Why are goals important?
Direct your behavior, changing your thoughts into action
Give you clarity on what you want and how to achieve it
Give you motivation to succeed
Help you pinpoint and achieve what you want in the end
Promote overall self-improvement and self-betterment
Connecting goal setting to career success. Look at the following tips, and apply them to your career development.
State each goal as a positive statement
Be specific: Set specific goals so you know your exact goal has been achieved.
Set priorities: Pinpoint which goals are most important, and prioritize them to help you avoid feeling overwhelmed.
Write goals down: This finalizes them and gives them more force.
Keep goals incremental: Keeping goals small helps show the progress you are making.
Set realistic goals: Make sure your goals are achievable so you don’t get discouraged.
Apply what you learned. What is my sense of purpose? What is meaningful for me? How do I measure achievement of my goals? What abilities do I possess? What are my strengths and weaknesses? What learning actions do I need to undertake? What abilities do I want to develop? How will I overcome obstacles to my learning? Who can I learn from? What’s stopping me from doing what I want to do?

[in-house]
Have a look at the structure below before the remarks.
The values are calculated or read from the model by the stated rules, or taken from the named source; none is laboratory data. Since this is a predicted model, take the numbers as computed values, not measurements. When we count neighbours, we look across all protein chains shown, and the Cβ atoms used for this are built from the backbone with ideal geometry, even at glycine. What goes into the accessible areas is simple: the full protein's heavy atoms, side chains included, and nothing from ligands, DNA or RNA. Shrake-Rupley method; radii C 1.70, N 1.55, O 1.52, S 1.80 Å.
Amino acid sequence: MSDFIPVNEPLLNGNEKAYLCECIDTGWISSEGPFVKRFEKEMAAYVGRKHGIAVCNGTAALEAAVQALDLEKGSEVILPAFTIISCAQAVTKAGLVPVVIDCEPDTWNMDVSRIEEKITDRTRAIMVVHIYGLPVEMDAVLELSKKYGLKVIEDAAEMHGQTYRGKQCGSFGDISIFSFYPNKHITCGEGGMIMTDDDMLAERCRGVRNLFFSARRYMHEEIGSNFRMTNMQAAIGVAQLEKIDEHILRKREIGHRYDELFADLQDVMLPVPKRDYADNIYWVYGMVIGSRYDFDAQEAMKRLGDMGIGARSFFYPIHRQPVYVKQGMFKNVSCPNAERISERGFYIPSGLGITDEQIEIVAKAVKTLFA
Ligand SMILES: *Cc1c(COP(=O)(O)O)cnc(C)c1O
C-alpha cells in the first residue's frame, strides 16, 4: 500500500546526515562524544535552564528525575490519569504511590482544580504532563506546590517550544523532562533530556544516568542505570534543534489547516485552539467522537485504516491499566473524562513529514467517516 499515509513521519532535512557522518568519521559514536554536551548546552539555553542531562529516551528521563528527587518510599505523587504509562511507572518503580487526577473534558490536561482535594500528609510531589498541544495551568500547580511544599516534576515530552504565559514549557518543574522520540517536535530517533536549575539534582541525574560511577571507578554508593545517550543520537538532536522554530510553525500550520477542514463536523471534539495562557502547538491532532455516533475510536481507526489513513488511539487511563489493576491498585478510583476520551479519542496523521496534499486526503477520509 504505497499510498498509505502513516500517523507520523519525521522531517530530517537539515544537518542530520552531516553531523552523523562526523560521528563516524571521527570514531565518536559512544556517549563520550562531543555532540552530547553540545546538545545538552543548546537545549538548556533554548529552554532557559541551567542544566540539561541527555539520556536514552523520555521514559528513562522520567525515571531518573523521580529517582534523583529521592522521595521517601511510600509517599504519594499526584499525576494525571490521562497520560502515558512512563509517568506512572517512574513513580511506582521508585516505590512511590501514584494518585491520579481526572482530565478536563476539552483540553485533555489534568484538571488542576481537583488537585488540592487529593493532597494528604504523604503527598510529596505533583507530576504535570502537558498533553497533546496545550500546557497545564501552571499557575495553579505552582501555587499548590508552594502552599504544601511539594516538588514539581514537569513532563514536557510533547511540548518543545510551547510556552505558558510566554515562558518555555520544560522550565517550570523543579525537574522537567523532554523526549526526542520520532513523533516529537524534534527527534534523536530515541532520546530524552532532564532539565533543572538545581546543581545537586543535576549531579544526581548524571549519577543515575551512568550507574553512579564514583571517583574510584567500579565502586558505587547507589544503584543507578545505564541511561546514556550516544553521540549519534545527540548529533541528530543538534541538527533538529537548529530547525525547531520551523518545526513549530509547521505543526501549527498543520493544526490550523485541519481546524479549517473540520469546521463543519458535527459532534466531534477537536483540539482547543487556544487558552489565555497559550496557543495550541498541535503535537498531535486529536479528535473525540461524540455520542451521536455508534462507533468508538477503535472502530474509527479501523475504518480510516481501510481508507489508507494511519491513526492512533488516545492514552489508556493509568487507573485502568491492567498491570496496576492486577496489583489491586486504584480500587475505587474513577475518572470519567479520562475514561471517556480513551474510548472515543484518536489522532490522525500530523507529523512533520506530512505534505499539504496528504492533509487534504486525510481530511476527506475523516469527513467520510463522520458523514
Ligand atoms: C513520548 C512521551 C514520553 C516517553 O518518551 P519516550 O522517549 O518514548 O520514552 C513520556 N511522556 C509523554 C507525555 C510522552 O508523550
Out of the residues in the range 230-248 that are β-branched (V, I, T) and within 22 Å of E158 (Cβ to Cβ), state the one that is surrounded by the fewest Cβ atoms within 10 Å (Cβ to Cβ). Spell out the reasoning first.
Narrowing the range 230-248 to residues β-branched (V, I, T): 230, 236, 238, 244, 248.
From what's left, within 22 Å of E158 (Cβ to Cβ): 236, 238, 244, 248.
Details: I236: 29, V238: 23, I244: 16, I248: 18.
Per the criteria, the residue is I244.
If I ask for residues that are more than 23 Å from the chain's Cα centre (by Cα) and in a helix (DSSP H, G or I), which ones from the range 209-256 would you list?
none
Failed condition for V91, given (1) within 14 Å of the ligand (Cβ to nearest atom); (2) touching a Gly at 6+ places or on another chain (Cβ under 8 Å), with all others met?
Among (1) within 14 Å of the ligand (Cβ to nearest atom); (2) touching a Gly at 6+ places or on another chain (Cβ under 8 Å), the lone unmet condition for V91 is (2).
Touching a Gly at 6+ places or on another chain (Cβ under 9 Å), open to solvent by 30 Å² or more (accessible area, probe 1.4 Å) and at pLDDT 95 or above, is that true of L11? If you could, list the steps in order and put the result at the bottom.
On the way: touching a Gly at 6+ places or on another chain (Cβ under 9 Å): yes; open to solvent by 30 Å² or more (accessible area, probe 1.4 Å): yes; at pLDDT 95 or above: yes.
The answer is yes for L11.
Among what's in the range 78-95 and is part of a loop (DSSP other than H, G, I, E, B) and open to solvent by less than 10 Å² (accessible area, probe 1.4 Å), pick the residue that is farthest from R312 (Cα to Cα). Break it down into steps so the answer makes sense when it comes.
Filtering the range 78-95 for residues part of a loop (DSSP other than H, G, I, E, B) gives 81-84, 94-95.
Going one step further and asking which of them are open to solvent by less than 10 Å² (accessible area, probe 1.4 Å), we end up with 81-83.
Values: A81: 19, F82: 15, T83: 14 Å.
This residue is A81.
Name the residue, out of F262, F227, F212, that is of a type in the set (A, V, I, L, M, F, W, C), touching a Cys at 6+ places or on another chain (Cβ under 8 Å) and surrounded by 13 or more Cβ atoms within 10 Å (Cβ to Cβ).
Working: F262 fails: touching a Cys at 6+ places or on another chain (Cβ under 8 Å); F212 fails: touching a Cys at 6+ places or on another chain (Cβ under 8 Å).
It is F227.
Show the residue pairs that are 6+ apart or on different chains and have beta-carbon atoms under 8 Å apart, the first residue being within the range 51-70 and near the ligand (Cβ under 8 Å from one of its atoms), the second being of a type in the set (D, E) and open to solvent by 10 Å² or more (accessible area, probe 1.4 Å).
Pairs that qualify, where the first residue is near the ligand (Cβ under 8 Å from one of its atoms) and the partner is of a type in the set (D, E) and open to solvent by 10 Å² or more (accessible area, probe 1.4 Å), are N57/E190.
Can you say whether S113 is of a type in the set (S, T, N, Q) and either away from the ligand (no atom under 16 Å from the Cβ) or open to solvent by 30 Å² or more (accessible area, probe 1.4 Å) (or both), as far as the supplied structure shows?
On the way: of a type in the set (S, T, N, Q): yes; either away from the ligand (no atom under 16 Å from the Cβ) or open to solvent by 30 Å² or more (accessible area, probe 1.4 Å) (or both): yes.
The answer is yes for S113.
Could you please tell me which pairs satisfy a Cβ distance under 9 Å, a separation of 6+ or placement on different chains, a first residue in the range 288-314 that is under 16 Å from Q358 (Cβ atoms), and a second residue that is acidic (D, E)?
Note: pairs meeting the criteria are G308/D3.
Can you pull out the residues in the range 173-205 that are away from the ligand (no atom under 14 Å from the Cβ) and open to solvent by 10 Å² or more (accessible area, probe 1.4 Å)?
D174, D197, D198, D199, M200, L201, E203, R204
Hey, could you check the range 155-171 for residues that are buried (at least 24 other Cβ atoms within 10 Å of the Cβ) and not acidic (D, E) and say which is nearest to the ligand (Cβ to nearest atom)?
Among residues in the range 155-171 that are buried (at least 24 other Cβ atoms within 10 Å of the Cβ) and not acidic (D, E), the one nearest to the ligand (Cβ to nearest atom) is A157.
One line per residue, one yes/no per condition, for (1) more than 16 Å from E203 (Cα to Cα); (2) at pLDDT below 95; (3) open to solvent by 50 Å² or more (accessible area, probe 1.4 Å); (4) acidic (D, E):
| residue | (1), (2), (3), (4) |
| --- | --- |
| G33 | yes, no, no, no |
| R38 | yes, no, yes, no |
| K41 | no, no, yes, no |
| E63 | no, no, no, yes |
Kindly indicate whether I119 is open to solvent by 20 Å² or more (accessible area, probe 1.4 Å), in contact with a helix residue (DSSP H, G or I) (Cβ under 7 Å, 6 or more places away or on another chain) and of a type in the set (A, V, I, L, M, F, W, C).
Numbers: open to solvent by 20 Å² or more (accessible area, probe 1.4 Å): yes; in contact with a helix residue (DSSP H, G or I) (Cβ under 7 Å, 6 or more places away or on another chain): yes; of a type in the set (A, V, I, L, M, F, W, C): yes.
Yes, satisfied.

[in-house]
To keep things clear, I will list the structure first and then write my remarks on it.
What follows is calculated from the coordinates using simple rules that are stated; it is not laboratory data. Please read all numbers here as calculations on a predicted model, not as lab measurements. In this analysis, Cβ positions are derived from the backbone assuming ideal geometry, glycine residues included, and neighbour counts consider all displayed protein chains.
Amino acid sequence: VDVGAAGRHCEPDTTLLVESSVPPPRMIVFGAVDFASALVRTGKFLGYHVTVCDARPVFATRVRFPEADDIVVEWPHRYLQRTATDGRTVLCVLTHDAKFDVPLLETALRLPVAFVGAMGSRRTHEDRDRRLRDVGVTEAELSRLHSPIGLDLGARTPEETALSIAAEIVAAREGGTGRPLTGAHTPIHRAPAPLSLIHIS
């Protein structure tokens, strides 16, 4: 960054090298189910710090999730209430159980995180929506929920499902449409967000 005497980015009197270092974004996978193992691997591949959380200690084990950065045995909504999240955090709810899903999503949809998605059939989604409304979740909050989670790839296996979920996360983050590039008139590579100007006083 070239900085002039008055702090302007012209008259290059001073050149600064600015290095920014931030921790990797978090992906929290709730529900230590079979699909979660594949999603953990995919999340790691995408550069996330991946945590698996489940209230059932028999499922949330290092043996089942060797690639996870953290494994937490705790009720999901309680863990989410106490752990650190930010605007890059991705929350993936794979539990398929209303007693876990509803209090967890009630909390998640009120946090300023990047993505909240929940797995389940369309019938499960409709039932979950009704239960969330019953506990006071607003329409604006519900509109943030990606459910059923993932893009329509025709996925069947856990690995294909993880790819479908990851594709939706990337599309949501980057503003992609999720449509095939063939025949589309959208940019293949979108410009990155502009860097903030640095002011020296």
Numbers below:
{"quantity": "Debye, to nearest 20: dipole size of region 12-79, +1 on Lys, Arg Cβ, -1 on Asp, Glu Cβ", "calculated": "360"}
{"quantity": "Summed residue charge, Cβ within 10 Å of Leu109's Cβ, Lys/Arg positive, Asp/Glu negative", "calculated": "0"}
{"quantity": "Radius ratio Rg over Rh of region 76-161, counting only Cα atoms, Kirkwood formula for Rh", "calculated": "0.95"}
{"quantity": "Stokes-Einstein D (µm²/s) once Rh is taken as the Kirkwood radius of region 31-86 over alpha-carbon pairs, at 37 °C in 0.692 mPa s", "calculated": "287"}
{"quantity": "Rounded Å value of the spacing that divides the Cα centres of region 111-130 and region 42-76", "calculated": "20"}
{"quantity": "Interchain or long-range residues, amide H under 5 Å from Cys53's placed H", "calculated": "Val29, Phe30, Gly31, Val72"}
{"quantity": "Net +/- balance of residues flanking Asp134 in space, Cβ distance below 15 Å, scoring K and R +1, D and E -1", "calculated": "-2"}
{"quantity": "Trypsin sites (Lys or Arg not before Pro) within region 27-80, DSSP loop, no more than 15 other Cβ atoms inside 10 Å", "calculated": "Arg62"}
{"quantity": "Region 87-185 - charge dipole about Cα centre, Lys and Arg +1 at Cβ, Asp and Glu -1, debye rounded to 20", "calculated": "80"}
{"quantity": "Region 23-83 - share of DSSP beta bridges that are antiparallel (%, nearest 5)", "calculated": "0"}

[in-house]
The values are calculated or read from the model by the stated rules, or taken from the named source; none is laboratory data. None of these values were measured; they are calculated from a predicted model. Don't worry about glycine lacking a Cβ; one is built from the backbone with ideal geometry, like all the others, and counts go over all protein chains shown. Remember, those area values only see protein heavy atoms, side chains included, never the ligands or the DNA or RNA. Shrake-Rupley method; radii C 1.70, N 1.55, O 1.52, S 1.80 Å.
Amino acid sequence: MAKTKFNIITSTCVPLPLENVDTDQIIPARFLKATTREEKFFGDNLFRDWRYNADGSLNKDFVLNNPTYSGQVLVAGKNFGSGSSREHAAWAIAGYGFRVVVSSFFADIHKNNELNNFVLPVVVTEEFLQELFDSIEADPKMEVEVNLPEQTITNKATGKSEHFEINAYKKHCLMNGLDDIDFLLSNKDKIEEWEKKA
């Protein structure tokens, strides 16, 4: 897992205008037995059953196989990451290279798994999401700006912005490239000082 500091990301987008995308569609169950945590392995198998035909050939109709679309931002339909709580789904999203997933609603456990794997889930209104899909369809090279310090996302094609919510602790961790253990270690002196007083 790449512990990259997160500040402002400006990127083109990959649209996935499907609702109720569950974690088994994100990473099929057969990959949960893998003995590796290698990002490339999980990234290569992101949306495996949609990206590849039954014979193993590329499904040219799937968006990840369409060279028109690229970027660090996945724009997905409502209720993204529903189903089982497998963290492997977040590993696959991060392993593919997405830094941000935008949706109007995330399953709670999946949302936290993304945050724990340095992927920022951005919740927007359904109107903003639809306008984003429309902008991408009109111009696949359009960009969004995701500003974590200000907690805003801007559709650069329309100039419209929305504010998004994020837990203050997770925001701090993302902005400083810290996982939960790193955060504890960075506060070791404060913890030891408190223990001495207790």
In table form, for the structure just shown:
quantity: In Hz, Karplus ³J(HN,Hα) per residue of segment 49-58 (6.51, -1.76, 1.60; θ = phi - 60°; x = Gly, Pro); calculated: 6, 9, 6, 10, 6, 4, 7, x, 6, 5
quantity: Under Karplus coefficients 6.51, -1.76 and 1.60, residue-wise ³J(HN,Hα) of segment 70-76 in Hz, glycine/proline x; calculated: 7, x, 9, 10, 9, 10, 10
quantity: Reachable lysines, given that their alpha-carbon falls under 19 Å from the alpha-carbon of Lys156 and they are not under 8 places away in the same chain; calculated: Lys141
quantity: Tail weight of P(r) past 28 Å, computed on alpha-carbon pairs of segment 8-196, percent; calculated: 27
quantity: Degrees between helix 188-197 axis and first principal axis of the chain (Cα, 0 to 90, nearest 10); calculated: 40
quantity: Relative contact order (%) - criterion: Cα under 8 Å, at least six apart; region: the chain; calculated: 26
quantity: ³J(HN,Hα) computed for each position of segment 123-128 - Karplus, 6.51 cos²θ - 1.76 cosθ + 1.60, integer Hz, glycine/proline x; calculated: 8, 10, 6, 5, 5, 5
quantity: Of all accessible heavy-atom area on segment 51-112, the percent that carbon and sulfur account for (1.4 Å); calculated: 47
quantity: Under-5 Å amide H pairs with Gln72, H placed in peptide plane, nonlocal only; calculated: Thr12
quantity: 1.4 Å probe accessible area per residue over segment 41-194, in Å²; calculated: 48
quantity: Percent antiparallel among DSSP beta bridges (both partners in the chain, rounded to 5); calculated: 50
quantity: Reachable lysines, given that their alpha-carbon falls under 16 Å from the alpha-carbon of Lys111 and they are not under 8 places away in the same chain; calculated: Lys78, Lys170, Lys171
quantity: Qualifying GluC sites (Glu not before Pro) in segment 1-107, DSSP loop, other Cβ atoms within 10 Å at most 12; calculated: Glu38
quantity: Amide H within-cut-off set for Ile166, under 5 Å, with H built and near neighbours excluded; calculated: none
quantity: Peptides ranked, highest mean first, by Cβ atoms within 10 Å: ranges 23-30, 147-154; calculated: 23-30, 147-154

What's in it for you? Mindfulness is a state of mental awareness achieved by focusing on the present moment, keeping an open mind, and reacting and reflecting to thoughts and feelings without judgment. Practicing mindfulness can be difficult when you lead a busy life and are constantly distracted by your past and future. However, focusing on the “here and now” is important, because it grounds you when you are overwhelmed with life and its possibilities. The more you utilize this skill, the more it becomes a part of your daily life. Mindfulness will help you relieve stress, stay focused, and reflect on everyday experiences. Overall, this will help you live in the moment and try new things.